Thurman on Coples: "He's come a long ways. We're anticipating a big year from Q. He's lost some weight, he understands the position better."— Kristian Dyer (@KristianRDyer) June 19, 2014
Jason Babin is a character risk, but he is only a couple years removed from an 18.5-sack season. If the Jets can sprinkle this kind of speed into their third-down pass rush, the Jets will just need their defensive backs to hold up for a few quick seconds.
Outside of Babin and Pace, all of the Jets' defenders are in their prime or too young to have come close to hitting it. Combined with their past production, the potential of this group gives them a chance to be associated with the likes of the New York Sack Exchange.
Make no mistake about it—losing two young cornerbacks for any extended period is potentially catastrophic news for the team and each player's careers. Like any ACL injury, the lingering effects of a surgically repaired knee vary greatly from each individual—such a procedure could be career-altering.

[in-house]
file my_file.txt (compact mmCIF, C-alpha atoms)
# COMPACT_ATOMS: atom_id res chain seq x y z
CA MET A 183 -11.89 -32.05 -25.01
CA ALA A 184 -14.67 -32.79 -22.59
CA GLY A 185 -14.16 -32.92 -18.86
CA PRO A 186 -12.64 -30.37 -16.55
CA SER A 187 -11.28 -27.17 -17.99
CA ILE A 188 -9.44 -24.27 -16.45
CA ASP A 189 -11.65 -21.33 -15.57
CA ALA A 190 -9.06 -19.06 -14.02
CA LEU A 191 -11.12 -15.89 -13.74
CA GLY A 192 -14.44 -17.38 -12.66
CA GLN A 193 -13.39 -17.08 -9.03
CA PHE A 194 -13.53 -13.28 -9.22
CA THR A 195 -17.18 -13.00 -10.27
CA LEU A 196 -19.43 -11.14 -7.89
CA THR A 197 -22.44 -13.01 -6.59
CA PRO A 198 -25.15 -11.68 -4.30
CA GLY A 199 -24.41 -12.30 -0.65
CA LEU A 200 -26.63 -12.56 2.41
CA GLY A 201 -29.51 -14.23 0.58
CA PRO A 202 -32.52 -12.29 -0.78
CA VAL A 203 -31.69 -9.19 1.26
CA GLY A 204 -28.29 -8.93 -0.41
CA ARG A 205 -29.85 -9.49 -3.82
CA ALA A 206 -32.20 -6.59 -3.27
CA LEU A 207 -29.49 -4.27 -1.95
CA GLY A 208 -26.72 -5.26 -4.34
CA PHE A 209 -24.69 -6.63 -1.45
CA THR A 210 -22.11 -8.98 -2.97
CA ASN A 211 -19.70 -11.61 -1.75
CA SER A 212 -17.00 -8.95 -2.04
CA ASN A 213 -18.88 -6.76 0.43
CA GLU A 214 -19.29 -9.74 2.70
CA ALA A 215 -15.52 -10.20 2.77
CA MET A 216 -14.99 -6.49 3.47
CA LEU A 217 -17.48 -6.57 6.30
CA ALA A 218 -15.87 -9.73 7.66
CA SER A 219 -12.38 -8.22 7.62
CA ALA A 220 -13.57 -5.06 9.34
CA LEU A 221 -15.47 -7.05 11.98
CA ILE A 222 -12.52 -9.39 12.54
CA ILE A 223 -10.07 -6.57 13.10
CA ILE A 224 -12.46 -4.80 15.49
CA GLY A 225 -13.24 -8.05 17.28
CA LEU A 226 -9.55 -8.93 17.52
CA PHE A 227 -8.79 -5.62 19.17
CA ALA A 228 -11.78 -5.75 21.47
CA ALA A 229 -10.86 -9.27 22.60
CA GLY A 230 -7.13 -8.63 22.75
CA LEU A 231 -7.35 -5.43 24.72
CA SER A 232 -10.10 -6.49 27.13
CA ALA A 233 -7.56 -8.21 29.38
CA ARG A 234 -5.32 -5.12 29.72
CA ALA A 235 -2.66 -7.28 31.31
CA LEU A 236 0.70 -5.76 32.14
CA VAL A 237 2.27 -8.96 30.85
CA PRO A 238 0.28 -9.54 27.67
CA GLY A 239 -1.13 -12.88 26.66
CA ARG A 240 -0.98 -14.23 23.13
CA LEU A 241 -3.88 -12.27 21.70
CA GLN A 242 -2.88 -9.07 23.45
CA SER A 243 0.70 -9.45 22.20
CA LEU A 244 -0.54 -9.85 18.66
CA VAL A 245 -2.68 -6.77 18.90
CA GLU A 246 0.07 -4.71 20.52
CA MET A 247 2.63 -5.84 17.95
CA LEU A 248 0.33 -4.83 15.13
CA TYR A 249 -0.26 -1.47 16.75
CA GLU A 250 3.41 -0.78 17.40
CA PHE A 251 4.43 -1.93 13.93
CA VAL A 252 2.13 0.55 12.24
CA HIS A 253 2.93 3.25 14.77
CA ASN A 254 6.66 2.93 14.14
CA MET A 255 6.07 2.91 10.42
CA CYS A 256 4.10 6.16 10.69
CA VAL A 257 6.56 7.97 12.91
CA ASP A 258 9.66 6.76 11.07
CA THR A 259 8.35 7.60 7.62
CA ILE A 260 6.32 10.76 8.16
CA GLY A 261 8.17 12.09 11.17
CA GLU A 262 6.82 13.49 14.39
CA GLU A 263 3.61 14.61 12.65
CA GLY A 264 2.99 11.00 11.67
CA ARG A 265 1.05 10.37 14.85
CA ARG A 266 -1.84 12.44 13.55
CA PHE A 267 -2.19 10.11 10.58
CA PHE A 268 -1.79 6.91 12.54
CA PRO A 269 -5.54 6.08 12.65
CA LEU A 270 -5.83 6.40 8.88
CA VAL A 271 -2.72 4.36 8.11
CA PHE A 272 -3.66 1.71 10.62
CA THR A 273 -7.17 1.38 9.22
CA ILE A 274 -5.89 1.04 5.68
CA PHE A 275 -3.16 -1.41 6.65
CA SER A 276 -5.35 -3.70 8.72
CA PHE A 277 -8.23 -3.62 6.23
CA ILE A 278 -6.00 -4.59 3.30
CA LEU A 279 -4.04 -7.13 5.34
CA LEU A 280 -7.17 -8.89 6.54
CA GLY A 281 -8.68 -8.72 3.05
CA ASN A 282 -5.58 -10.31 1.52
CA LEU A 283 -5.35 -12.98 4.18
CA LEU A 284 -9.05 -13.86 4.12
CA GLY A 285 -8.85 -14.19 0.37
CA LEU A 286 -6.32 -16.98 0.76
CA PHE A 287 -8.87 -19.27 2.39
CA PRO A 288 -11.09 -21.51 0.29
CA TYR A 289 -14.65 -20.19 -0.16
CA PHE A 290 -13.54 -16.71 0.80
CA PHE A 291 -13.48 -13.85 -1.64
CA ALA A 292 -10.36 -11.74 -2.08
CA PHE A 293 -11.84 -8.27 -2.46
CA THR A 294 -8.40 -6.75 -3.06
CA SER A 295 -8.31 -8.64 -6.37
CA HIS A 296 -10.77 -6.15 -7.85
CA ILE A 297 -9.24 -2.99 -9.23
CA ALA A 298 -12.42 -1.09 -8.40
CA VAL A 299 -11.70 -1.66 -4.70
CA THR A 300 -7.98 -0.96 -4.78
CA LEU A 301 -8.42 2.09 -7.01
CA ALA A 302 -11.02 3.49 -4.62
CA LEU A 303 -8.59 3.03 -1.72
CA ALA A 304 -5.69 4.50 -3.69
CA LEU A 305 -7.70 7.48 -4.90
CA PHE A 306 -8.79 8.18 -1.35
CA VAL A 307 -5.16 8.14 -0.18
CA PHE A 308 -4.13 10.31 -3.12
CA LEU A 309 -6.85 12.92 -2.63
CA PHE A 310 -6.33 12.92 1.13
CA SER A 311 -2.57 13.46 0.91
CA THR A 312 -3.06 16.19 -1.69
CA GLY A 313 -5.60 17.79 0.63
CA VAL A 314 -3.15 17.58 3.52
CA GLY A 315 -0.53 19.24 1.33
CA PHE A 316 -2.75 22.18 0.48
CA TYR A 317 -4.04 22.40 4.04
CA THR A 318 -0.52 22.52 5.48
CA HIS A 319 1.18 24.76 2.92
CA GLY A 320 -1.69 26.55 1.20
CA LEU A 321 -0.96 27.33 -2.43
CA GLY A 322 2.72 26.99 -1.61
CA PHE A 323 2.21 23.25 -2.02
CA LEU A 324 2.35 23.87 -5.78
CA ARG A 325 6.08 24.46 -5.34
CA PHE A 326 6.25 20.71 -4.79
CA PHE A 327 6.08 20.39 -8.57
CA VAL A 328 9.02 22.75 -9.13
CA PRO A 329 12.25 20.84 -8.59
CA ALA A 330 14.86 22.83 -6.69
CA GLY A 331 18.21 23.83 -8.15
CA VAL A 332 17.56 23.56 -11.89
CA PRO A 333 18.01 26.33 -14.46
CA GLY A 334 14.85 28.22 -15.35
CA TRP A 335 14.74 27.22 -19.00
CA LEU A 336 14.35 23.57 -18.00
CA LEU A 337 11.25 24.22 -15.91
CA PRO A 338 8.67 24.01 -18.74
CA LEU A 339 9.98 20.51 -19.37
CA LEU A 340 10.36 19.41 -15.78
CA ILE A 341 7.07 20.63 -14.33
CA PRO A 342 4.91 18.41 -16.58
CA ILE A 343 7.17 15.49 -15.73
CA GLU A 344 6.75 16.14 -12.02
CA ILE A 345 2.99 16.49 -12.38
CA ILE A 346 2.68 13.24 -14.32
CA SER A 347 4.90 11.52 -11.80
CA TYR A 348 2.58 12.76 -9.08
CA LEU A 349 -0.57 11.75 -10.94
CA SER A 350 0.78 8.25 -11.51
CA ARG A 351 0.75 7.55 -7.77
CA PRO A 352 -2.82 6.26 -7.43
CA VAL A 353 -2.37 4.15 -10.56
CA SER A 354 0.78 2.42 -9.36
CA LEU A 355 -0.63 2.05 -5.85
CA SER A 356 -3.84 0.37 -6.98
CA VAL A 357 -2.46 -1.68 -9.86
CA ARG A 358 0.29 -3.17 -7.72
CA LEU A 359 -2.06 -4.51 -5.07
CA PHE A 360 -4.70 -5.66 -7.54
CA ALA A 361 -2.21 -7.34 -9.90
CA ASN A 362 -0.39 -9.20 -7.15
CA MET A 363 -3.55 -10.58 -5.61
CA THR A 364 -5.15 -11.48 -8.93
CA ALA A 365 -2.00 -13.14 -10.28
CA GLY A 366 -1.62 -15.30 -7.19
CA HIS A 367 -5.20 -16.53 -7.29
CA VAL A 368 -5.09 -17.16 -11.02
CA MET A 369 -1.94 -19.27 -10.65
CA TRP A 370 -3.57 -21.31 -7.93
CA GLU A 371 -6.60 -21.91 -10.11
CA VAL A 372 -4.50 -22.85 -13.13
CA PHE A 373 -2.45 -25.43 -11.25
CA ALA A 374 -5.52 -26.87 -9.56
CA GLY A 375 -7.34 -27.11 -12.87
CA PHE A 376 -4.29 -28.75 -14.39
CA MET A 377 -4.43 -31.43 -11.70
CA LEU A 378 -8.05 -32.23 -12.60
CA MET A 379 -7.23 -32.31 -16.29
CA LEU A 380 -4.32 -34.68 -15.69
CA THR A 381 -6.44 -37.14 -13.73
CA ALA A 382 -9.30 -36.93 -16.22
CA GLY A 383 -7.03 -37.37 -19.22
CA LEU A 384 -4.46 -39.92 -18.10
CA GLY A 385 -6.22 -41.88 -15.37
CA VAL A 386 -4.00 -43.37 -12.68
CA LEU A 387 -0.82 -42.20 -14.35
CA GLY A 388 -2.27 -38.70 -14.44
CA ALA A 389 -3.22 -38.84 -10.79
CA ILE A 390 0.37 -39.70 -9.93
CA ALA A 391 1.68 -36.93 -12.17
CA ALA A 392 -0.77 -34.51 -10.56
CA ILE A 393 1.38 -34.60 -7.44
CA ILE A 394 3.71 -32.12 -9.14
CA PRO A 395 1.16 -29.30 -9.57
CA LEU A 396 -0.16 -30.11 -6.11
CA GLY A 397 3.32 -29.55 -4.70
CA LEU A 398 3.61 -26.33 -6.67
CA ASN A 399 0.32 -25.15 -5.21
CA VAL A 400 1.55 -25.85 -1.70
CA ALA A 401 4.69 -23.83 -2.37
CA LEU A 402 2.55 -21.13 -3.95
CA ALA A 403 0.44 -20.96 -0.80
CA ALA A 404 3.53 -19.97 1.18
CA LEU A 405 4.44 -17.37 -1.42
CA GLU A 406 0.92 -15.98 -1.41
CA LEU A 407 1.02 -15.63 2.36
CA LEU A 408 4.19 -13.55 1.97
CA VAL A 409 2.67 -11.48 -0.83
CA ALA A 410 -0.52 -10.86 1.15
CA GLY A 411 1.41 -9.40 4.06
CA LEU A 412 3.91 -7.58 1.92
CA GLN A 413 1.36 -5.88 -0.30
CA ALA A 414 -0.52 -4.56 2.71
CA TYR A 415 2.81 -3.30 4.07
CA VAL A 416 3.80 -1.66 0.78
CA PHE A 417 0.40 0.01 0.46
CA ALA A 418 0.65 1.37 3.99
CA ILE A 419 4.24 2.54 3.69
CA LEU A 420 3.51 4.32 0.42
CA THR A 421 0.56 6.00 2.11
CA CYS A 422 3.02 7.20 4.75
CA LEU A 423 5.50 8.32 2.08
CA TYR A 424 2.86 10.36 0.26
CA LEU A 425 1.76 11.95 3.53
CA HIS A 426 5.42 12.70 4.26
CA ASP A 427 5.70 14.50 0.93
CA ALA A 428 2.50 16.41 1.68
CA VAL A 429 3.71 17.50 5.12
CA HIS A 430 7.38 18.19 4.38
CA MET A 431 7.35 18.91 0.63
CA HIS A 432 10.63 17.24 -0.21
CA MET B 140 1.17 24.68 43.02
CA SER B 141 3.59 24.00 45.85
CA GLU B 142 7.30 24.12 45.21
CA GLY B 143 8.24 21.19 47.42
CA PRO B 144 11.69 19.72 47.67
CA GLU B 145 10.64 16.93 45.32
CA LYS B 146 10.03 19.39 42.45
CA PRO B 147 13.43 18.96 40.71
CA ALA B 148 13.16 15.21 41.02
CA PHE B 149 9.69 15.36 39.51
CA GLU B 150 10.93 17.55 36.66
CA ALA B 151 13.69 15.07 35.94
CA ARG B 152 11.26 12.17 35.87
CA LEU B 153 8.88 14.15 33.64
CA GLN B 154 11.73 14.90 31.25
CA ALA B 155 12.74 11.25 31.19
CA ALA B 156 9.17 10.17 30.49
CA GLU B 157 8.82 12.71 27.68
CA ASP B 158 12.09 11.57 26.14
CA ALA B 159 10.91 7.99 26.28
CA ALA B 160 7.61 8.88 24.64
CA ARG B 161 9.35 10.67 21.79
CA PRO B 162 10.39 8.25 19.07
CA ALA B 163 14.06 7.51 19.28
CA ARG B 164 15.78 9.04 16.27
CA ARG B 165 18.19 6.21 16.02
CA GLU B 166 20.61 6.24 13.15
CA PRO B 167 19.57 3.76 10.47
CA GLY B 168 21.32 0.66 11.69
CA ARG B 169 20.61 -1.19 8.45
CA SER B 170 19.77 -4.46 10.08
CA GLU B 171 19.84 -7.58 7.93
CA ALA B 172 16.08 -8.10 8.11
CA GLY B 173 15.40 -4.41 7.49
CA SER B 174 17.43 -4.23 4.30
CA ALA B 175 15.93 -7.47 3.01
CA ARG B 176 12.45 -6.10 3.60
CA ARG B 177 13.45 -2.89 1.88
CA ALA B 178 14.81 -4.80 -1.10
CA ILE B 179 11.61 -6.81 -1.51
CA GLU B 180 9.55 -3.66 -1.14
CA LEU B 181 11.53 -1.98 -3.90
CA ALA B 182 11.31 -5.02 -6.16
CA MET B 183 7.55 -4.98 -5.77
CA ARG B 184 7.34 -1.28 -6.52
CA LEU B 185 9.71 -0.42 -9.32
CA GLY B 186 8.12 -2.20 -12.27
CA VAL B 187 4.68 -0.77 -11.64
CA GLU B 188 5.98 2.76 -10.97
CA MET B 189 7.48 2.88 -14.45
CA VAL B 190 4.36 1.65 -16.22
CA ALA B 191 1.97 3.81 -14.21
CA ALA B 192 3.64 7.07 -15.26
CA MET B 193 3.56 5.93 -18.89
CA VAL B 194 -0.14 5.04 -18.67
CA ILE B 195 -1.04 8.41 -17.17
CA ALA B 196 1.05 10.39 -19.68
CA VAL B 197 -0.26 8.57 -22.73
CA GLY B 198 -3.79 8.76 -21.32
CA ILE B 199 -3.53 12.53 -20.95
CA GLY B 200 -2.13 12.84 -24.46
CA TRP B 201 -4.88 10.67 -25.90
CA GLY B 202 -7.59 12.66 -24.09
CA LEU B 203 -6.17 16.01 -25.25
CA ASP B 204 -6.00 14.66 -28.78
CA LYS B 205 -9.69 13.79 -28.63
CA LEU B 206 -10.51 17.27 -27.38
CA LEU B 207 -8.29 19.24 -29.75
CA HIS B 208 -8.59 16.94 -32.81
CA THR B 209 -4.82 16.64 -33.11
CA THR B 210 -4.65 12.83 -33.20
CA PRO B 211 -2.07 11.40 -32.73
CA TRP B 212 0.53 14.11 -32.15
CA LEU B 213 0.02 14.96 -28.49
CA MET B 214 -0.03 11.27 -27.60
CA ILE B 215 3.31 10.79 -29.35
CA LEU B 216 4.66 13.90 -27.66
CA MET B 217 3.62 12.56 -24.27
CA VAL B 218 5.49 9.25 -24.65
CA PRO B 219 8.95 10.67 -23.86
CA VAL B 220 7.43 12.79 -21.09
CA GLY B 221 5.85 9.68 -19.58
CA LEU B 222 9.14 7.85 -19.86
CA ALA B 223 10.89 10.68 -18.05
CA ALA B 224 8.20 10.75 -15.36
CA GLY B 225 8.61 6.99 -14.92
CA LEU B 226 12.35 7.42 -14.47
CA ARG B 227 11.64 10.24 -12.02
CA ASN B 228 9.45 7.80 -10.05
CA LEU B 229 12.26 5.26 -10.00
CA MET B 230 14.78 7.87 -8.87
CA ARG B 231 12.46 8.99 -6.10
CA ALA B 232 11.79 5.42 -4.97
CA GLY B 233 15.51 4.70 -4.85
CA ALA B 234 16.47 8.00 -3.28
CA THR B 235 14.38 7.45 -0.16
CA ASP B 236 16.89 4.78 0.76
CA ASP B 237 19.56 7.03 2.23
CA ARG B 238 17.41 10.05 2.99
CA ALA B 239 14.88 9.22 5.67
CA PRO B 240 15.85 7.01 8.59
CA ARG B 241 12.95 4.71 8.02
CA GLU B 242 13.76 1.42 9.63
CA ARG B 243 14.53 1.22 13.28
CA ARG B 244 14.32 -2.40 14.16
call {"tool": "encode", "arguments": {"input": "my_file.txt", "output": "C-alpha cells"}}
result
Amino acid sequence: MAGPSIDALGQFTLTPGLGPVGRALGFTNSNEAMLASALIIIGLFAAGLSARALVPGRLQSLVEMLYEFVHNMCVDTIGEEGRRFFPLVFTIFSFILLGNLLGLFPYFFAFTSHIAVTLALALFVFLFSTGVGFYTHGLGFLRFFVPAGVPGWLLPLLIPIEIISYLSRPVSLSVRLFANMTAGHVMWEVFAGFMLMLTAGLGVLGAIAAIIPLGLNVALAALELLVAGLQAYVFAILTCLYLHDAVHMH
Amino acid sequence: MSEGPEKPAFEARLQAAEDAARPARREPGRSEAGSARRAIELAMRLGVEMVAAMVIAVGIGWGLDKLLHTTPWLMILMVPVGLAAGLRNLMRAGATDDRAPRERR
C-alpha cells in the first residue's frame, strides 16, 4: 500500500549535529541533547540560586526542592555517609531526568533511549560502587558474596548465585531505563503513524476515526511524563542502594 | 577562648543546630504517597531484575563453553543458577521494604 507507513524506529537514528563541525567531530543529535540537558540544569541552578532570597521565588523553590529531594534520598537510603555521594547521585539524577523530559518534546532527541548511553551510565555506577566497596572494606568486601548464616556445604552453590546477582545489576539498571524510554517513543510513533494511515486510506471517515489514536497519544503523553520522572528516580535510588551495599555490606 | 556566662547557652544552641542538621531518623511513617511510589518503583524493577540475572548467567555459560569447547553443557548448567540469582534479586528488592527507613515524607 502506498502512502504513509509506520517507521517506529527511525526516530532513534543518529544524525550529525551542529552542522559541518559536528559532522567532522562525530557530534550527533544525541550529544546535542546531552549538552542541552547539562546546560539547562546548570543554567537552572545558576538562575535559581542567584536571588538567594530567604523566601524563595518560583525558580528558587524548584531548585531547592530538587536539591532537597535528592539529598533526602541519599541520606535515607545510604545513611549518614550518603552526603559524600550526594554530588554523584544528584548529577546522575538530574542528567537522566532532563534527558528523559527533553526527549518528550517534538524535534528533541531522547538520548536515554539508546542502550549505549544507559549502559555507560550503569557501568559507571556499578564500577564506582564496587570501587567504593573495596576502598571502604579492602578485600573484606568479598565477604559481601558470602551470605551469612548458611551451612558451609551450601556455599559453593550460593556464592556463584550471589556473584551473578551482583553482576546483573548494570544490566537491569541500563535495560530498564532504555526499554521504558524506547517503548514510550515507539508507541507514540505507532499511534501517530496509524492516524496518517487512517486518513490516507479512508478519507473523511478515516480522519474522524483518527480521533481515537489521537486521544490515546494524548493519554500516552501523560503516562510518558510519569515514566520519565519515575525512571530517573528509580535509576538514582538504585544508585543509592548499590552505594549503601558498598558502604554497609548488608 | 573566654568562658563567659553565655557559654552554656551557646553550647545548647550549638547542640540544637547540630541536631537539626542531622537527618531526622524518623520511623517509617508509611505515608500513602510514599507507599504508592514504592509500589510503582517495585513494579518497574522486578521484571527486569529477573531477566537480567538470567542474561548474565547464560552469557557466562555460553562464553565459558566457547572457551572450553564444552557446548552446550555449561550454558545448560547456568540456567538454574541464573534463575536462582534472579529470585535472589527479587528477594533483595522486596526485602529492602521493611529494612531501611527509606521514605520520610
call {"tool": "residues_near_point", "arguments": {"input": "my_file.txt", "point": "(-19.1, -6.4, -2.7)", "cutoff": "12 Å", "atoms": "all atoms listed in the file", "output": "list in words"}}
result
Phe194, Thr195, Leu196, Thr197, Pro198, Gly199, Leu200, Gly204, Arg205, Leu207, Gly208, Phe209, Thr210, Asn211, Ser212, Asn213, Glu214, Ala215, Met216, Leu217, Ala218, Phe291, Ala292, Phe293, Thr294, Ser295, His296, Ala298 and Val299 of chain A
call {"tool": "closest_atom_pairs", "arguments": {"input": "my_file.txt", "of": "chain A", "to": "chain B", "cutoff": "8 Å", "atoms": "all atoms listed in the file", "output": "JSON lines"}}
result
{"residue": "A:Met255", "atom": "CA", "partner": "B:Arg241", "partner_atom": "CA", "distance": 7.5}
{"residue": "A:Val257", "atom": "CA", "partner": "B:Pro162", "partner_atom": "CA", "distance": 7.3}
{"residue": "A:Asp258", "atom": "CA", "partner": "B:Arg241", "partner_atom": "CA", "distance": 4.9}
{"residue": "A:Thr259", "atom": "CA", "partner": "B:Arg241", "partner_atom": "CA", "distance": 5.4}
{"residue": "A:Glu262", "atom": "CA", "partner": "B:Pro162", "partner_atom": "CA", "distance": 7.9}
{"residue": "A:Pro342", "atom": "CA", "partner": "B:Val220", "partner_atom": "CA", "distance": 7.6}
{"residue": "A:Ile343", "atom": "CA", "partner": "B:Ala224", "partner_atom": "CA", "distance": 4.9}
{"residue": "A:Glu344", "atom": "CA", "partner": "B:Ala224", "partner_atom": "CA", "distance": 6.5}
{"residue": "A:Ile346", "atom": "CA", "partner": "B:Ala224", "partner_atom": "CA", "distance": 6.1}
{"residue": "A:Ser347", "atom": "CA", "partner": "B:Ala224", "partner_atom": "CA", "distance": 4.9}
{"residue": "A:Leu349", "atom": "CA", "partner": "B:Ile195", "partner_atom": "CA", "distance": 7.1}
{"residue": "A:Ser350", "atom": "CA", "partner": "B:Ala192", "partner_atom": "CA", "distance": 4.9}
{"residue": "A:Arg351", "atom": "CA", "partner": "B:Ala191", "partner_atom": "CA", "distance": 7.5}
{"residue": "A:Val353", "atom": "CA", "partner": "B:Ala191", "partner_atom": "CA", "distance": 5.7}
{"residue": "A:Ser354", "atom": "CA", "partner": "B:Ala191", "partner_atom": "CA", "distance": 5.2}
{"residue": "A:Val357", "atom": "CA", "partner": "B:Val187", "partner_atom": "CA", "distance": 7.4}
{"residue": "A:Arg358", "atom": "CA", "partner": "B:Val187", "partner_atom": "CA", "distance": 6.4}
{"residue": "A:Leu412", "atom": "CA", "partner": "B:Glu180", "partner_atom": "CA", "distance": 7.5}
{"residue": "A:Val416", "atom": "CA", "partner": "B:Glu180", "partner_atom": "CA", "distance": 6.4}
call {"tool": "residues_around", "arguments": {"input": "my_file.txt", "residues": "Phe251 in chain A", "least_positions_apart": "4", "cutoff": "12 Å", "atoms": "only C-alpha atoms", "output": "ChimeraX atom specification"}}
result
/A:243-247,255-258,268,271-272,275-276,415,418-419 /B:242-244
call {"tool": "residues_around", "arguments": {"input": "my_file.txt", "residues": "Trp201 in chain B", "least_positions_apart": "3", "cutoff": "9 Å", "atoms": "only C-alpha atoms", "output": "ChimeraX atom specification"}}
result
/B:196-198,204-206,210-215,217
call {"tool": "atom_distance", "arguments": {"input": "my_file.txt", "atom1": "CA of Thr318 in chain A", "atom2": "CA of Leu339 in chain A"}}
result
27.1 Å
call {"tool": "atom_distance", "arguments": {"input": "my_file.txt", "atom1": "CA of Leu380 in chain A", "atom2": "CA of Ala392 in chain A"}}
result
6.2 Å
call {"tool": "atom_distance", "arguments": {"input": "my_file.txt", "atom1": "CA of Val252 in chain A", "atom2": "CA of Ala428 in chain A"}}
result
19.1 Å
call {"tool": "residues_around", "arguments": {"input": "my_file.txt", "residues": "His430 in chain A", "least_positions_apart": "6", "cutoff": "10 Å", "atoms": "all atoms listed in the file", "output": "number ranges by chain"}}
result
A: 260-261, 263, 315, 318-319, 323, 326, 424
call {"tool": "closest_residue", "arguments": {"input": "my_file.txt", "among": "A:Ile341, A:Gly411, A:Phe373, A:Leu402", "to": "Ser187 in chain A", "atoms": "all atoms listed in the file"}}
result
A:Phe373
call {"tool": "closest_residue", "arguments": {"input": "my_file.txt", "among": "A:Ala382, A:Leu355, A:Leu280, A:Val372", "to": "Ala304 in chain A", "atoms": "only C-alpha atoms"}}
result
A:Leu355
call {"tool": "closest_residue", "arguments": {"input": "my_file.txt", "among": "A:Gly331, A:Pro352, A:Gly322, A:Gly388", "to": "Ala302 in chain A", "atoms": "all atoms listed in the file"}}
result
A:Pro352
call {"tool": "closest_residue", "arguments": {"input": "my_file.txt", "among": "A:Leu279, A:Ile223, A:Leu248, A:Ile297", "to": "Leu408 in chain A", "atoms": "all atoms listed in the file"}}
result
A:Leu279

Milliner should be able to return in due time, but this is a key offseason of development for him. After missing the bulk of the 2013 offseason, missing out on several weeks of training camp does nothing to help him improve upon a turbulent 2014 season.
The Jets do have a few (potential) solutions up their sleeve that do no involve making a desperate trade for replacements. If the Jets' cornerback depth surpasses expectations while the defensive line lives up to their potential, the Jets may survive "Bloody Sunday" after all.
Advanced statistics provided by ProFootballFocus.com (subscription required).